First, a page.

Media Bias Gone Mad
In case you haven’t noticed, I am not a journalist. This is a blog, and I write opinion columns (on a good day). I wear my biases on my sleeve. But I still think that if I were to fill the first two paragraphs of an article with terms like “hateful rhetoric,” “shrillest opposition,” “outright bigotry” and “gross misrepresentation of fact,” even those who generally agree with me would consider my language choices “over the top,” unless the target of my criticism were the KKK or Islamic Jihad.
So when you see these paragraphs under the “world news” header in a Jewish magazine, you know something has gone very, very wrong. And when the byline belongs to a seasoned, professional journalist, you wonder when the last pretense of objective reporting was lost.
The paper is the Baltimore Jewish Times; the article — “Cry for Freedom or Racism?” by James Besser — is in the printed issue but not on their web site. It may similarly be in the paper (but not web) version of the NY Jewish Week, since he is often listed as the Washington Correspondent for both. The topic is the Local Law Enforcement Hate Crimes Prevention Act of 2007, or, more particularly, the opposition of groups like the Traditional Values Coalition and Alliance Defense Fund to a law affording special protections to homosexuals and those with “gender identity” issues.
Mr. Besser did a nice write-up about Project Genesis over a decade ago, and had the basic facts right when most people barely knew what a “web browser” was. He has unquestionably shown his biases before, but has usually done so by choosing whom to quote and which quotes to use. Not this time, and more’s the pity.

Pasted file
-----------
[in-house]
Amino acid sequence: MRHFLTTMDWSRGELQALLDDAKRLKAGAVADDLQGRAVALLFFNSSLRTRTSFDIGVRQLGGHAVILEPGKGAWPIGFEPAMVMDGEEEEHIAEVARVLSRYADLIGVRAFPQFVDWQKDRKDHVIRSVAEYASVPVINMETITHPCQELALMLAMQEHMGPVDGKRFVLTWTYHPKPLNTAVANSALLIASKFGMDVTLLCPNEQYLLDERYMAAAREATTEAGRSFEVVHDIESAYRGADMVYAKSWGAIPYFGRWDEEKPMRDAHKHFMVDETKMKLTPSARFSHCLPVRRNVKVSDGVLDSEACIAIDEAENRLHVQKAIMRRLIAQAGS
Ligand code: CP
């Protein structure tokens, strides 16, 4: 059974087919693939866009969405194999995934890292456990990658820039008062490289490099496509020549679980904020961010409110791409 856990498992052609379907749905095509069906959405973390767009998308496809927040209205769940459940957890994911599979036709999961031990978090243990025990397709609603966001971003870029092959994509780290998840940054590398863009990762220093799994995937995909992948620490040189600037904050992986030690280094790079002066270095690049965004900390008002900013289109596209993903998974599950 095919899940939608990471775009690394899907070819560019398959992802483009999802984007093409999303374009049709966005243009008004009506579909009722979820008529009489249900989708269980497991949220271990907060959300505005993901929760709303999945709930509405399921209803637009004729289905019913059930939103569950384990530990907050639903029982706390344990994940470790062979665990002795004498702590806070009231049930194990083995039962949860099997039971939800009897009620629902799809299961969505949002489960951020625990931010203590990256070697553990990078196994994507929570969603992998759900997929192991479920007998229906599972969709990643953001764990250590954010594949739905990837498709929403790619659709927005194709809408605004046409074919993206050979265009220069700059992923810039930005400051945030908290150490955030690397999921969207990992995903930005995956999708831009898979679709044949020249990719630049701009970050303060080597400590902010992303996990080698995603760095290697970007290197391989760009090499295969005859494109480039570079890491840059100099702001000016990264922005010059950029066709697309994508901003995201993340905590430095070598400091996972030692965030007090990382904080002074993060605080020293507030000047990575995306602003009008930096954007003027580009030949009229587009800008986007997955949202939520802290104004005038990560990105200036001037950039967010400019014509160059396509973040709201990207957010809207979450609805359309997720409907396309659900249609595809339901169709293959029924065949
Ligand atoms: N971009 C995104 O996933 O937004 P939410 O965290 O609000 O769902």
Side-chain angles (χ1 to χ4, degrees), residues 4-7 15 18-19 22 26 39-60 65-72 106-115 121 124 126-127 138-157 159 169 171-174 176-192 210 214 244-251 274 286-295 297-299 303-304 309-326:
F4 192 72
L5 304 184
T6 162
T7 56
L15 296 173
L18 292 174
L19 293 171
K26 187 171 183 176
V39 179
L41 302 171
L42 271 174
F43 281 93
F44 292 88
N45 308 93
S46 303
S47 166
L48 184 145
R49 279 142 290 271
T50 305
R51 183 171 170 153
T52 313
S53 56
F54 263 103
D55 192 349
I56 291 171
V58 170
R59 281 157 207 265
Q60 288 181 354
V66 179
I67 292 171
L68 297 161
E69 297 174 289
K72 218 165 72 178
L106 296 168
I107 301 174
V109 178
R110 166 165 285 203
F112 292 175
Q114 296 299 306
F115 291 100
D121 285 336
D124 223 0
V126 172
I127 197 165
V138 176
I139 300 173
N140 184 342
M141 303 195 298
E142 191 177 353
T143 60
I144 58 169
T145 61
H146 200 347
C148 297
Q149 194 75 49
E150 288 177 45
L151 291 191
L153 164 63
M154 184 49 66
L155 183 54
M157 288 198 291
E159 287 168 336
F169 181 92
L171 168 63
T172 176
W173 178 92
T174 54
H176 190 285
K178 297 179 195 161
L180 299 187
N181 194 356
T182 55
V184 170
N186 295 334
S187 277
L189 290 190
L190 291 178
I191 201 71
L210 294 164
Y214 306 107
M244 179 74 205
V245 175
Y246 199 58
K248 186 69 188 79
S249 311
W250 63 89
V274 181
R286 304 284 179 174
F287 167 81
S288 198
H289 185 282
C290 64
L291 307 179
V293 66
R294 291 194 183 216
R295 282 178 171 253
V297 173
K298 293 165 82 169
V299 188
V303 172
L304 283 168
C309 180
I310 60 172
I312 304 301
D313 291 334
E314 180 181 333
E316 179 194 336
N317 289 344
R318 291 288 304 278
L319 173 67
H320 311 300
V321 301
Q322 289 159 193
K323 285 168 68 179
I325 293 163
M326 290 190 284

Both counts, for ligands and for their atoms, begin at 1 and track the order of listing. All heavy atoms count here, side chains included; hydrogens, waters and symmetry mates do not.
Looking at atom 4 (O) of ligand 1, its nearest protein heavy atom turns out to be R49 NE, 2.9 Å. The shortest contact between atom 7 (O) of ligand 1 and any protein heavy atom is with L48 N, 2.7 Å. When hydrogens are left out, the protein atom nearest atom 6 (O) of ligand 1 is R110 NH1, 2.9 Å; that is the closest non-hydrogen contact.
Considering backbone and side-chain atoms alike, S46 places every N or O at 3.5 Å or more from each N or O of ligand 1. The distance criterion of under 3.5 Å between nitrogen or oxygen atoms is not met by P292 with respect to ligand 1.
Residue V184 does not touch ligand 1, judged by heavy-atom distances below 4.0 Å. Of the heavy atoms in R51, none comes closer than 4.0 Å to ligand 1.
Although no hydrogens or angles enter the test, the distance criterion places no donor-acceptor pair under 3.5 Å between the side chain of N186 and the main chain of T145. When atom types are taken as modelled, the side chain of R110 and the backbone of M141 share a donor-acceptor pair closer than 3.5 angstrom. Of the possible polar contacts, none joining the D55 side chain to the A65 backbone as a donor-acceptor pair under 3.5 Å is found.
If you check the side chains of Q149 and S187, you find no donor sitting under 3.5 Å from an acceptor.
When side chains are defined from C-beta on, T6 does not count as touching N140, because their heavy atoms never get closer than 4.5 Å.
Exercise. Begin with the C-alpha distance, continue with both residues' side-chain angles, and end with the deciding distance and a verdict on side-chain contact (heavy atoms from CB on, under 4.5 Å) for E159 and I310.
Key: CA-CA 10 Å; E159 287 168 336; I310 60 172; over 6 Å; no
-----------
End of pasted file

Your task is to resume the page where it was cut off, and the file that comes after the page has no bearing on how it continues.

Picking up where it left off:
As is typical in such instances, rhetorical excess is used as cover for a paucity of facts. Besser writes that critics claim “the measure would essentially outlaw criticism of homosexuality. Pastors who preach that homosexual behavior is a sin, they say, could be hauled off to jail…” While it is true that the bill does no such thing, it is untrue that the opponents say otherwise. The Traditional Values Coalition argues that it “will be used to establish a legal framework to investigate, persecute and prosecute pastors, businessmen and others” for opposing homosexuality. Their point is not that the law will make these behaviors illegal, but start us down a slippery slope. That may be a little extreme, but we have already seen employers punish religious anti-homosexuality statements as “harassment” and schools permit T-shirts endorsing homosexuality while prohibiting those opposing it (the T-shirt in question read “Be Happy, Not Gay”). I would not be so hasty to insist that there is no slope down which American law might slide.
Mr. Besser argues that the groups “have shamelessly distorted the bill” (despite this being a supposed news story, “argues” is the appropriate verb). He ridicules the the Alliance Defense Fund for stating that the bill “criminalizes thoughts, feelings and beliefs,” saying that this is true “only if your religious liberty involves physically attacking someone because you hate their lifestyle.” That, of course, is exactly the point. The bill would make a defendant’s religious beliefs relevant to the prosecution of his crimes. A person who got into a bar fight with a homosexual could be targeted for special prosecution simply because his pastor delivered an anti-homosexuality sermon the previous Sunday.
Besser can say from today through tomorrow that “the bill has nothing to do with speech; it applies only to crimes of violence” — but the fact is that the pastor’s sermon would then be quoted extensively in court, with the word “hate” pre-pended in front of “speech”, to explain why the defendant deserves a harsher sentence. That the pastor would then be targeted for incitement to violence should be obvious. Although Yigal Amir proudly insisted that he ignored all rabbis and took the “law” into his own hands, any rabbi who had previously speculated whether Rabin’s pursuit of the Oslo “peace” agreement made him a “pursuer” of innocent lives was ridiculed and reviled after Amir murdered Rabin. This continued even as the correlation between armed Palestinians and murdered Jews became increasingly evident — not to mention that a “pursuer” must be stopped, not killed, and it was well-known beforehand that killing Rabin would not stop the disaster his government had set in motion. Indeed, it accelerated it.